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Zak Soithongsuk discusses the advantages of learning a second language as an in-house lawyer.
Callum Reed gives his tips on applying for training contracts in these difficult and uncertain times.
Suddenly, many of us are finding ourselves adapting our daily routines to the new ‘norm’ – at least for the foreseeable future. For those in the legal education world, this has meant coming to terms with new ways of learning and studying as we are all encouraged to socially distance ourselves to protect others.
In these unprecedented times, what has been most striking is people’s ingenuity and resilience in the face of adversity. I’ve seen plenty of creative working from home stations, including impressively placed monitors propped up by books that have found a new purpose.
Despite the uncertainty, many people’s career ambitions remain unaltered; I’ve seen through the Junior Lawyers Division (JLD) how aspiring solicitors remain focused on training contract applications. But, as this new norm tests the status quo, what can aspiring lawyers do to remain focused and motivated in their pursuit? Below are some tips that could help.
For those with applications pending, patience really is a virtue. Law firm’s HR teams, which encompasses graduate recruitment, will be working tirelessly to handle the implications of the ongoing situation. While firms continue to take and review training contract applications, it is likely the task has fallen down the pecking order. However, unless you have heard otherwise, you can assume it is still on their radar and that your application will be reviewed as soon as possible.
Although it is tempting to email and ask for a quick update, keep the above in mind and hold fire. You will be saving the recruitment team another email.
No doubt, it is tough not to dwell on your submitted applications, overanalysing your answers and hoping for an answer on your fate. However, this leads us onto our second tip:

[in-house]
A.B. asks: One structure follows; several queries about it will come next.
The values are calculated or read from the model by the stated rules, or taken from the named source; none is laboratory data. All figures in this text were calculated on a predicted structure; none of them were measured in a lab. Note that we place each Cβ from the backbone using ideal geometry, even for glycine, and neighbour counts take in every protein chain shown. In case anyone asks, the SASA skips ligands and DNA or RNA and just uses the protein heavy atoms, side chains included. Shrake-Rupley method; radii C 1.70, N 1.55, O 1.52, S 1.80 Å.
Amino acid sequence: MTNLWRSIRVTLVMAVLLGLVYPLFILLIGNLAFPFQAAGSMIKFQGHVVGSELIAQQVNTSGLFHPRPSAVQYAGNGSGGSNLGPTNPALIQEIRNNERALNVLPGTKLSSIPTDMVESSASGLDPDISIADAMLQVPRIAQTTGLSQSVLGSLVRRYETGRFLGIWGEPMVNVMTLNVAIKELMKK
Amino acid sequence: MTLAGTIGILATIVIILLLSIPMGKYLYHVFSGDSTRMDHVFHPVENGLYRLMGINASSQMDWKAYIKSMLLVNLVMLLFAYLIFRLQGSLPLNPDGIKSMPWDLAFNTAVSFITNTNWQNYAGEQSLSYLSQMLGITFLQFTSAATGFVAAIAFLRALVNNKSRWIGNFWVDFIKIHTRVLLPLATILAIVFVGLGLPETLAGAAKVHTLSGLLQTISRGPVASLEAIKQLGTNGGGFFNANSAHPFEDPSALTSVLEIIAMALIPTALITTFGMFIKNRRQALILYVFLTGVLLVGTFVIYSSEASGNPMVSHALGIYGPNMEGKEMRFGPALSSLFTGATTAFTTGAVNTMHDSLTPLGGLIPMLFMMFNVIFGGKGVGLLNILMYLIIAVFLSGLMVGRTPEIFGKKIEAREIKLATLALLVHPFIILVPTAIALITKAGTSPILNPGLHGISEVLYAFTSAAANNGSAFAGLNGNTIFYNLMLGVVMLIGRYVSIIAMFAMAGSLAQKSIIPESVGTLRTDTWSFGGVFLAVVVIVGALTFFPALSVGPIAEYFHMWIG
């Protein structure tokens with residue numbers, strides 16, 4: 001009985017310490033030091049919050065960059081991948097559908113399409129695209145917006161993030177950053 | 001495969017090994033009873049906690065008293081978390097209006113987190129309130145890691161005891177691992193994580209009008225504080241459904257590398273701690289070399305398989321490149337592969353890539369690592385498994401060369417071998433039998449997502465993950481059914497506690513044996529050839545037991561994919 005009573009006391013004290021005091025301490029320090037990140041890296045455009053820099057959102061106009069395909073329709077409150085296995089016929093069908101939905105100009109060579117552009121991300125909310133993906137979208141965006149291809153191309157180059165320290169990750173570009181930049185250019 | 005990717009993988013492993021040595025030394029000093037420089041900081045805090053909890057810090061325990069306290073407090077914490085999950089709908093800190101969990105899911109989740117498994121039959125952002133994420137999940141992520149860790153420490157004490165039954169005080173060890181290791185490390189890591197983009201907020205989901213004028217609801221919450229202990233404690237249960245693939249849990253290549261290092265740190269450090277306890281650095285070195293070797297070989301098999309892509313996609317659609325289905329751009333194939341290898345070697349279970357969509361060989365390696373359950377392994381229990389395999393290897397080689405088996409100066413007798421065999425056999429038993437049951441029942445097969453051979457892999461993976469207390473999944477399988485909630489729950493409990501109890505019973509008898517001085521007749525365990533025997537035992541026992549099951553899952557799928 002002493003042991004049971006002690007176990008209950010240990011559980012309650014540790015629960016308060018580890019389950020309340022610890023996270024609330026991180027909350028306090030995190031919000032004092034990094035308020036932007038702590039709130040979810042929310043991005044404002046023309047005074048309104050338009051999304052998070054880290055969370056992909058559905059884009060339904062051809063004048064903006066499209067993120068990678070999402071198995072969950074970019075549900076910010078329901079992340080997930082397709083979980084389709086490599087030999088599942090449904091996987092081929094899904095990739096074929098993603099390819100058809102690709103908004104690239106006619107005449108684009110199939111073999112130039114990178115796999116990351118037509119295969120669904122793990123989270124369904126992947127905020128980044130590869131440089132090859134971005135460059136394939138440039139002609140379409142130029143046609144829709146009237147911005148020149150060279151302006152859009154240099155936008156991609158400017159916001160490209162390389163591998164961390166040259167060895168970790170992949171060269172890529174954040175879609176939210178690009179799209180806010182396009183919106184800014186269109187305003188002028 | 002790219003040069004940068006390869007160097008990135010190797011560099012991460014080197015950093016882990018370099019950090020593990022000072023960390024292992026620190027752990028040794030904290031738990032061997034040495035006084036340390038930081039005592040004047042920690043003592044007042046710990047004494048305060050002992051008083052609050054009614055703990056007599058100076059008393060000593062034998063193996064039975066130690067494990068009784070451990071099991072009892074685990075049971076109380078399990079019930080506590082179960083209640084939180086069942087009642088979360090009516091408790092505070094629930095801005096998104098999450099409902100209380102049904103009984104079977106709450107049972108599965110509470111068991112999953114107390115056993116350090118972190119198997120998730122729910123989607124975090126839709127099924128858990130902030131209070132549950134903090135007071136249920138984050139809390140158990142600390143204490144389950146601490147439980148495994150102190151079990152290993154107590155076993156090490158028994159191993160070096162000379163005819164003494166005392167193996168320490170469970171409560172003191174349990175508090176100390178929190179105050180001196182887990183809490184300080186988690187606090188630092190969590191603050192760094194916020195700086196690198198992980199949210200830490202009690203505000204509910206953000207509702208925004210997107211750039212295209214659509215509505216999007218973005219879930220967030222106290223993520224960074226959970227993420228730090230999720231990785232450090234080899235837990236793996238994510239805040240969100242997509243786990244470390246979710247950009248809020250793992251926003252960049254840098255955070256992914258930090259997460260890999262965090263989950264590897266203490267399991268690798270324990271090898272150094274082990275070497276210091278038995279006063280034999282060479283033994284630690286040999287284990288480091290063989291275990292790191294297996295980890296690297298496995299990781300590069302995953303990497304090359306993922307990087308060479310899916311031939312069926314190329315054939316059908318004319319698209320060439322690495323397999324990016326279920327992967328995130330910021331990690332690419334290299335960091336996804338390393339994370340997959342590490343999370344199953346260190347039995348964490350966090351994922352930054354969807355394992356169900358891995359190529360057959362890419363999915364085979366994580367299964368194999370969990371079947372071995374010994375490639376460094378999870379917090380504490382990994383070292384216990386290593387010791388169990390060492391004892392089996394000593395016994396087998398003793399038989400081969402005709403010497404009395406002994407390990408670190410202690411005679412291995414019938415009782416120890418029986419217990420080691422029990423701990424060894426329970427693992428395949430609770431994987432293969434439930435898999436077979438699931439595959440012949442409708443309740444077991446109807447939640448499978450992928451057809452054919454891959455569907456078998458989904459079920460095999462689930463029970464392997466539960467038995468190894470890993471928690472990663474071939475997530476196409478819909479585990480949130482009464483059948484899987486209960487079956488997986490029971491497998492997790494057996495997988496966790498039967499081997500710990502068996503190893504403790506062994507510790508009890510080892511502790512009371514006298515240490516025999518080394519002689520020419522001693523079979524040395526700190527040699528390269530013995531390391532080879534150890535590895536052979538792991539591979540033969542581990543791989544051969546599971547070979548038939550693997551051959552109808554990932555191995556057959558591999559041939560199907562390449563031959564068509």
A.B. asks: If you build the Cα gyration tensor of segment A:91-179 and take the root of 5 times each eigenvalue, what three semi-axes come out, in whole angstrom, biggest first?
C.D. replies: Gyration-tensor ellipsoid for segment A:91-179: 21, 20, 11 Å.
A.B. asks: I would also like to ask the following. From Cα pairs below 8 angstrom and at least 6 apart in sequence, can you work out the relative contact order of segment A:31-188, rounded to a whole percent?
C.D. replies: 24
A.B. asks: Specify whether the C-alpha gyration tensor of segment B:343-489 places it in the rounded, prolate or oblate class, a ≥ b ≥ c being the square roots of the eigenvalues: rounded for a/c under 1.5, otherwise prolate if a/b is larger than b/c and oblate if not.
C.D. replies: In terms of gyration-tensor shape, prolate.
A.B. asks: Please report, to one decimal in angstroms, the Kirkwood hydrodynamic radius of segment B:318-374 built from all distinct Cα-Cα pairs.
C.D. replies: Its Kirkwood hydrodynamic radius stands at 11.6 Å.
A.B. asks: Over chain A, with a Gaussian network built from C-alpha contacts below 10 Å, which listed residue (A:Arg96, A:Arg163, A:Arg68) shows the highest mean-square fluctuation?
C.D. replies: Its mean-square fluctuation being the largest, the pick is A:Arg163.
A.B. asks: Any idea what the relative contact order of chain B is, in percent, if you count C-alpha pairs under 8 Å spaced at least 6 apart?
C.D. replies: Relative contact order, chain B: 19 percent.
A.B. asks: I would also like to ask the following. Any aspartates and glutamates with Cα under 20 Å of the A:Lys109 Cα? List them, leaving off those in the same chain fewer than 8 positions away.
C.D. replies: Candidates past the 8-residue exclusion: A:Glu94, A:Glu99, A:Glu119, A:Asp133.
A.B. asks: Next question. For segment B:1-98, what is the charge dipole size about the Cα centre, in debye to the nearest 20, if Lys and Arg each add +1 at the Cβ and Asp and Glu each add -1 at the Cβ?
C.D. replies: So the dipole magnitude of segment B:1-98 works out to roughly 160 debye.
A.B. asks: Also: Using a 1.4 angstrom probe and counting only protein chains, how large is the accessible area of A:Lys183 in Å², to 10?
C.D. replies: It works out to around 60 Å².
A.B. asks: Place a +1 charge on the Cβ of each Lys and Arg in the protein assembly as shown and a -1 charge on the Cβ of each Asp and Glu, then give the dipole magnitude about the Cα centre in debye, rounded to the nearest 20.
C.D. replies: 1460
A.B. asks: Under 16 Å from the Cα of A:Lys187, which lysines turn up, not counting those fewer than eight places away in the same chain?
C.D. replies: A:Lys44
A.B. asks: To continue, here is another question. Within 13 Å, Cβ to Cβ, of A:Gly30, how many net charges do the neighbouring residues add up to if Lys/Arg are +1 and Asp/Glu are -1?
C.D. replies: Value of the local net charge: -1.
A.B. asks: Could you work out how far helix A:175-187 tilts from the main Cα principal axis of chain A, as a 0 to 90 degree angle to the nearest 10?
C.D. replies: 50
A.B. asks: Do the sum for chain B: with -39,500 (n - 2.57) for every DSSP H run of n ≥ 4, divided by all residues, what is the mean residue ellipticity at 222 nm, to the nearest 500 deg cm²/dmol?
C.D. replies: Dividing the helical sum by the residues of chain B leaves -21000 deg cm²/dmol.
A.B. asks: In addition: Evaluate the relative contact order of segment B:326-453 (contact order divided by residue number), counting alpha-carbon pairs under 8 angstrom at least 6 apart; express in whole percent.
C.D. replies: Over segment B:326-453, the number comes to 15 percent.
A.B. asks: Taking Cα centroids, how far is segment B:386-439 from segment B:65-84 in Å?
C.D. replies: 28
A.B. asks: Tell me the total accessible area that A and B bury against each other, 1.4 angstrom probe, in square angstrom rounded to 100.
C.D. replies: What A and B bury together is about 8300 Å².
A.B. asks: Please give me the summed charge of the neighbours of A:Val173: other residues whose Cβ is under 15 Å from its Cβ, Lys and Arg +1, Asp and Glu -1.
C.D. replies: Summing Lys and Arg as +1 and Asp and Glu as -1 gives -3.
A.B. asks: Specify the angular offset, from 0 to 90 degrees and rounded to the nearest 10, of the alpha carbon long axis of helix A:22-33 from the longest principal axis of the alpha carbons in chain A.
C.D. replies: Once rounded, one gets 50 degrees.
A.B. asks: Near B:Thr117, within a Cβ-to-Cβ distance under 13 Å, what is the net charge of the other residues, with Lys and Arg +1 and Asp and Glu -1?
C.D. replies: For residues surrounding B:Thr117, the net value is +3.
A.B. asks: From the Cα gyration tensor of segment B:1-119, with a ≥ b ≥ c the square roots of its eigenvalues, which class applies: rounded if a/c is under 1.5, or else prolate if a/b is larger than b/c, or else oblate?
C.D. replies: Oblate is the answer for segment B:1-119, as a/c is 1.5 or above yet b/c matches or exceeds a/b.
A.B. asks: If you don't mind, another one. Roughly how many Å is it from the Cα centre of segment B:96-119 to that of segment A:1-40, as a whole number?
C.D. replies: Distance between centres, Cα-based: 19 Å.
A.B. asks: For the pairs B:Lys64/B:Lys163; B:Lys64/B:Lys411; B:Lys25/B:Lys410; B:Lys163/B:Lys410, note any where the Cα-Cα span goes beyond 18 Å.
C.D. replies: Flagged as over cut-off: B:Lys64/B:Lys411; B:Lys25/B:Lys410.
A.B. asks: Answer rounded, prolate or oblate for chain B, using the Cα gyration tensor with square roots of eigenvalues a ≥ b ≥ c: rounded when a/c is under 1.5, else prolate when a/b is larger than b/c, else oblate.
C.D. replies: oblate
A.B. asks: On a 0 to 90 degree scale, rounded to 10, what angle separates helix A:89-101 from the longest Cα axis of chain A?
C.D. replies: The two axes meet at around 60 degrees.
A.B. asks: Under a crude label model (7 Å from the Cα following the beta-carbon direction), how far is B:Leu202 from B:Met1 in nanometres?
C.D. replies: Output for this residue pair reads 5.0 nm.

So long as applications remain open, you still have an opportunity to apply. Keep yourself busy and pick your next set of firms to apply to. As always, delegate enough time to properly research the firm and understand why you are interested in them. Applying for other firms you are interested in could help keep your mind off of any submitted applications.
Motivation is half the battle when trying to be productive. Understandably, many people have found their motivation has dropped because of the current situation.
One useful tip to keep motivated is to break the application drafting into 25-minute windows. In those 25 minutes, focus entirely on the task before giving yourself a short break afterwards. It makes the application seem less daunting and you might be more motivated to get started and keep going.
If you are currently working or studying, another tip is to take some time to catch up on those less-urgent tasks. Whether that is getting up to speed with the reading for your course or tidying up your email inbox, you might feel better using your time to complete the tasks you would not usually have time for.
Although it feels like the world has stopped, the economy continues to tick (or splutter) along. It’s important to keep an eye on how COVID-19 develops, as it will continue to determine how businesses navigate these unprecedented times.
When you read the news, do so with an inquisitive mind. Ask yourself: What does this mean? Will companies have to restructure? How will this affect investment opportunities? What law firm departments will find themselves busier at such a time? Having answers to such questions will prepare you for any interview questions you may face in the future.
If you find yourself with more time, why not take the time to scrub up on certain areas you are interested in? For example, if you are interested in working for a commercial law firm, you could do some background reading on mergers & acquisitions. This would also prepare you for typical interview questions.
Above all else, it’s important to keep yourself healthy.
Even with more time on your hands staying at home, it’s important to find a balance. Take some time away from applications to do the things you enjoy – albeit within the parameters of the current social distancing guidelines. Stay connected by calling or arranging Facetime sessions with your friends. Spend time doing the activities you’ve been too busy for, like learning new hobbies or finally reading that book. Simple things like letting in some fresh air or sitting in your garden can massively boost your wellbeing.
Now, more than ever, it’s important to look after your mental wellbeing.
This article was first published on 1 April 2020 by The Lawyer and is reproduced by kind permission.